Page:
The Washington Post is still having trouble with how the voters rejected their favorite Democrats. The bias erupted in a front page headline on Tuesday:
'Scozzafava' turns into epithet
It's a Grand Old Purging as moderate's ouster spotlights Republican dysfunction
Actually, that could be the motto of the Washington Post: "Spotlighting Republican Dysfunction Since 1968." Reporter Jason Horowitz brought that same jaunty liberal attitude into the body of the story:
A little-known state assemblywoman with moderate Republican views and a mouthful of a surname, Scozzafava's bid for an open seat in New York's 23rd Congressional District drew trash talk from conservative leaders hoping to purge her from the party, mash notes from White House-dispatched Democratic suitors that included Bill Clinton, and the unblinking gaze of political professionals fascinated by her role as the problem child for a dysfunctional Republican Party.
Readers are urged to dab the corners of their eyes with a tissue as Scozzafava is persecuted by the Palins and Becks:
At her desk, with a fuzzy elephant face down on a bookshelf behind her, she recalled the exhausting end days of her campaign. Violet semicircles hung below her teary eyes as she recounted how Sarah Palin, Glenn Beck and other conservative leaders excoriated her for less-than-orthodox positions on gay rights, abortion and organized labor. Her nose reddened as she recalled her abrupt exit from the special election to replace John M. McHugh, whom President Obama had appointed as secretary of the Army earlier in the year.
"Less than orthodox"? In fact, her positions on abortion and "gay marriage" are quite orthodox – for a liberal Democrat. Horowitz then merges all the conservative critiques of Scozzafava, fair and unfair, sourced and (ahem) very loosely sourced, into a messy mix tape of nastiness:
She heard through friends that Palin insinuated she had been "anointed" by a "political machine" because county chairs handpicked her as the nominee. Beck denounced her as "ACORN-supported" and an "Obama-Lite Republican." Former House majority leader Dick Armey's group FreedomWorks mobilized against her. She said she heard conservative robo-calls in the district describing her as a "child killer," a "lesbian lover" and a "homo."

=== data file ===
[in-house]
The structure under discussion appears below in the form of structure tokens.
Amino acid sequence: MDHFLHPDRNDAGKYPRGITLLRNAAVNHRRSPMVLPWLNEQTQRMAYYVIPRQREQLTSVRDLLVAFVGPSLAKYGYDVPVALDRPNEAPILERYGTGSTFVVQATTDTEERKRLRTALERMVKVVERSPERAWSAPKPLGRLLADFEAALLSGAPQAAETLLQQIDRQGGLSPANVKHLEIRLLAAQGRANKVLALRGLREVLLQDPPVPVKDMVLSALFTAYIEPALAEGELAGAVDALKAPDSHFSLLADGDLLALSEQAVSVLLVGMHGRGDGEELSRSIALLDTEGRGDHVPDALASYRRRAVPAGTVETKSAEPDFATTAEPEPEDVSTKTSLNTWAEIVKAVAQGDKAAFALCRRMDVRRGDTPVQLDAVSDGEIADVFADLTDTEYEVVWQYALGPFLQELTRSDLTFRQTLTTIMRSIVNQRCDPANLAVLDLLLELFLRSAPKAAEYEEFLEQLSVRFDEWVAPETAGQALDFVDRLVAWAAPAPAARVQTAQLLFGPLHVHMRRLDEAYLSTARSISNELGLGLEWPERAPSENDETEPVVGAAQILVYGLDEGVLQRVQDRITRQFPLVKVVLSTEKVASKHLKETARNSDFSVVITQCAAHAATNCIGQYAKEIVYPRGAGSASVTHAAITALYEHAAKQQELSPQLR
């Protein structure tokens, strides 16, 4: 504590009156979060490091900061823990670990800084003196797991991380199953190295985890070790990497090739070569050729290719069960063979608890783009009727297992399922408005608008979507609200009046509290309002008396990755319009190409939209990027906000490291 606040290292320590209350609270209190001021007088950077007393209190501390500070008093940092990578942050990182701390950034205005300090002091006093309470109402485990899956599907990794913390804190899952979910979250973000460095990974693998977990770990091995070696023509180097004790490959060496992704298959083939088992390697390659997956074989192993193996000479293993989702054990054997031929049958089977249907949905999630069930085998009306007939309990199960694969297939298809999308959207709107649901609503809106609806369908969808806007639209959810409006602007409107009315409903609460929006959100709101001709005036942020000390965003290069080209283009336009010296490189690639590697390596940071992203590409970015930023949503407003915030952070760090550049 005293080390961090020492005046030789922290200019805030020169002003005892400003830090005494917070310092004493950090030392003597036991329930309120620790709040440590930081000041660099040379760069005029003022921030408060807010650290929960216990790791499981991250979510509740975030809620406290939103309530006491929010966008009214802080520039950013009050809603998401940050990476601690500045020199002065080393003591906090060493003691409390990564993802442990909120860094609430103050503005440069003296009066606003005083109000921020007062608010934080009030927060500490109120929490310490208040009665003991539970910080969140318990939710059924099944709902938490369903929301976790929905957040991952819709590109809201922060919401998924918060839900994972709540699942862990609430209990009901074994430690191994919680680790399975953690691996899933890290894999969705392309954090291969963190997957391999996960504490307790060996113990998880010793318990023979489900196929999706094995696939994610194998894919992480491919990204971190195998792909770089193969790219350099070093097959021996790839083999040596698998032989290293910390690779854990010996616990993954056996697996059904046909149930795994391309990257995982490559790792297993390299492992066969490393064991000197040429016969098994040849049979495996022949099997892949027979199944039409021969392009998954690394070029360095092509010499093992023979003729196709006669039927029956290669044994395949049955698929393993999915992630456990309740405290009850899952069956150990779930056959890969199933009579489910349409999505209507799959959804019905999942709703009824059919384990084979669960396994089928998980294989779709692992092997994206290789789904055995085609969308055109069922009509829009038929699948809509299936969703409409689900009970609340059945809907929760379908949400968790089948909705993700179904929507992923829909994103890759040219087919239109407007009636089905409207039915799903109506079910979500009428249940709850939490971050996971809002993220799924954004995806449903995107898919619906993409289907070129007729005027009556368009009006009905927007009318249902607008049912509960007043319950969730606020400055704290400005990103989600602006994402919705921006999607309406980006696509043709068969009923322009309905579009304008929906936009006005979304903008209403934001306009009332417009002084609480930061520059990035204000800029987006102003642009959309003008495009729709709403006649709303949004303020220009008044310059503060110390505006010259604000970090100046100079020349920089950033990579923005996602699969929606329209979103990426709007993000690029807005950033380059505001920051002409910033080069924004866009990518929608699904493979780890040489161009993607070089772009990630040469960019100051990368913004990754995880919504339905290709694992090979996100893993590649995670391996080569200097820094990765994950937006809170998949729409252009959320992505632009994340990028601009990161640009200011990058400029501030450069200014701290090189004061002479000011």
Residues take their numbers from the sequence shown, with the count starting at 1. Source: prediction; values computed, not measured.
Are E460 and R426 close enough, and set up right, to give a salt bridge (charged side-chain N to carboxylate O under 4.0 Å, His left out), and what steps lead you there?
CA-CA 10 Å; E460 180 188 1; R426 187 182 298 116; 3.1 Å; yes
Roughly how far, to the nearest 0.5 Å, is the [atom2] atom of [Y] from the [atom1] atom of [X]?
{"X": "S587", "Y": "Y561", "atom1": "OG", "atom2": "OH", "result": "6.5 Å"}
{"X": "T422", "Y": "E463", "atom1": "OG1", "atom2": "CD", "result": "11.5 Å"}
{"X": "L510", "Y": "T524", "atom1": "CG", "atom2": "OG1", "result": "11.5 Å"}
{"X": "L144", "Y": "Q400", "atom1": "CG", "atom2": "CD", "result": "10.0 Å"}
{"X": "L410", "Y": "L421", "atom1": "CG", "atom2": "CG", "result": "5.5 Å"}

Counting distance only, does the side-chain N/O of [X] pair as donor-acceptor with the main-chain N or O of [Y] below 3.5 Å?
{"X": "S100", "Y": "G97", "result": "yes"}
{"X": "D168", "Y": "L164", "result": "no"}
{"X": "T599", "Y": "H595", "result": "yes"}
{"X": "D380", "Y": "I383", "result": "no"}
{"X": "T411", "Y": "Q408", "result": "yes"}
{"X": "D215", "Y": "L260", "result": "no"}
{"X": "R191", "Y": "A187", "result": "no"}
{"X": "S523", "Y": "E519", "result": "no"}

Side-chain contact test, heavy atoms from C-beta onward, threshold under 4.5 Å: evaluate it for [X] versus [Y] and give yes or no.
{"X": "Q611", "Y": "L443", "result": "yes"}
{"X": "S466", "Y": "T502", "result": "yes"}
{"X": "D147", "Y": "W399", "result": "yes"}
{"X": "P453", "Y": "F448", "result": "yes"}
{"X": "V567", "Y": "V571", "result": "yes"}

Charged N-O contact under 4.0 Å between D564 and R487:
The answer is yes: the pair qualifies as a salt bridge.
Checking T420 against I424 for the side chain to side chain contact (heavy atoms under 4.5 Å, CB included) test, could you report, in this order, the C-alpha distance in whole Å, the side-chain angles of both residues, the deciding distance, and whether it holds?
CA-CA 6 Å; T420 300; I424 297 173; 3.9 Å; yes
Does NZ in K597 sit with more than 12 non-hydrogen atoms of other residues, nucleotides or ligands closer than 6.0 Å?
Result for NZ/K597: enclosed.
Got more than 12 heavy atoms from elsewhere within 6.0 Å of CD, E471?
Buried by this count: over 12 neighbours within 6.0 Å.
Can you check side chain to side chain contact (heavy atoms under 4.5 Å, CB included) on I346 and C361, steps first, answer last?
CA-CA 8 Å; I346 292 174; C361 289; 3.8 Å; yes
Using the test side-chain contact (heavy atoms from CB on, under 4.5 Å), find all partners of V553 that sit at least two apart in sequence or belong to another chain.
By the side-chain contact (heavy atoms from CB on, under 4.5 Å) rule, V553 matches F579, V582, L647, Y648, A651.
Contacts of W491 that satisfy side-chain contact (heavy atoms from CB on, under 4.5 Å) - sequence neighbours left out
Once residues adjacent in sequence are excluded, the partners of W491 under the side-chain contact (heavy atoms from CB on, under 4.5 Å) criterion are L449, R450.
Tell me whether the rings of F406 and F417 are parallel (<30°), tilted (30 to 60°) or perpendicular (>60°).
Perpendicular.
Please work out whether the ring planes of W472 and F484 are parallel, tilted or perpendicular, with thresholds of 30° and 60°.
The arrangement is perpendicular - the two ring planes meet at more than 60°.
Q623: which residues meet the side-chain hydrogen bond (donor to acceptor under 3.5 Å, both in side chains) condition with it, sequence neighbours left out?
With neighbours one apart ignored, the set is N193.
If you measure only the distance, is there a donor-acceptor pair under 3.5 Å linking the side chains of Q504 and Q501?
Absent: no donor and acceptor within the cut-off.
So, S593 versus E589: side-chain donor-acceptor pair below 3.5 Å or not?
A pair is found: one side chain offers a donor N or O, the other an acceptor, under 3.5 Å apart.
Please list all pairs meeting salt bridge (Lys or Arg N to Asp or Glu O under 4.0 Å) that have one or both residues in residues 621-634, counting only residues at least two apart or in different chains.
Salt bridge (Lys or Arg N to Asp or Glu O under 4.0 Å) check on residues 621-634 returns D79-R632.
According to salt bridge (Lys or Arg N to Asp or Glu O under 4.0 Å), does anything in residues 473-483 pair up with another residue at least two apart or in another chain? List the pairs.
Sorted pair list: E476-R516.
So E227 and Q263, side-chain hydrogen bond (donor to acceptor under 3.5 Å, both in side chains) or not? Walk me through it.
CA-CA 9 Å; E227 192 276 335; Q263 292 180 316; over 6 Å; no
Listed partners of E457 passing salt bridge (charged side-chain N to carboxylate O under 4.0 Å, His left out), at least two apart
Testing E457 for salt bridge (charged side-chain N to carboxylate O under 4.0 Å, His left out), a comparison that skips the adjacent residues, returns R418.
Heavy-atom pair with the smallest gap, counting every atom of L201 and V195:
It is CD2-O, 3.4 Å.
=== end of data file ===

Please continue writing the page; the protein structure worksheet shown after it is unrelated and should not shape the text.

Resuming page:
Describing Scozzafava as "anointed" is hardly as unfair as calling her a "homo," but Horowitz is in the middle of a passionate "Grand Old Purging" narrative and can hardly be bothered to consider the finer points of journalistic etiquette.
Horowitz then spun a tale of how Scozzafava was aggressively pursued and charmed by the liberal Democrats in a "White House-orchestrated initiative" to get her to endorse Democrat Bill Owens. Somehow it’s not a tale of "Republican dysfunction" that Scozzafava was so "Republican" that she eagerly endorsed the Democrat. Liberal notables called, like Andrew Cuomo: "You're probably the next governor," Scozzafava said she told Cuomo.
Apparently, the Lord inspired her to endorse the Democrat:
On Sunday morning, after her first good night's sleep in days, Scozzafava went to choir practice at the First United Methodist Church of Gouverneur. Somewhere during her singing of "I went down in the valley to pray," she said she decided to endorse Owens.
Horowitz ended the story by channeling Scozzafava’s declaration of war on those ignorant conservatives:
Scozzafava, who was stripped of her Republican leadership position in the New York State Assembly on Monday, says she has no regrets and even leaves open the possibility of running for the seat again as a Republican. She sees herself as a champion of local expertise over ideological purity.
"How can Sarah Palin come out and endorse someone who can't answer some basic questions," Scozzafava asked. "Do these people even know who they are endorsing?"
Those conservative forces now descend on Florida, where former House speaker Marco Rubio, who on Monday received the endorsement of the Club for Growth, might shove aside centrist Gov. Charlie Crist, who was once on John McCain's short list for running mate. And Scozzafava has a warning.
"There is a lot of us who consider ourselves Republicans, of the Party of Lincoln," she said, her face now flush. "If they don't want us with them, we're going to work against them."
For a look at how Jason Horowitz handles "purging" in the Democratic Party and liberal intolerance (from New York Times editorial page writers), at least as it relates to the gun-rights position of newly appointed Sen. Kristen Gillibrand of New York, see his New York Observer piece here.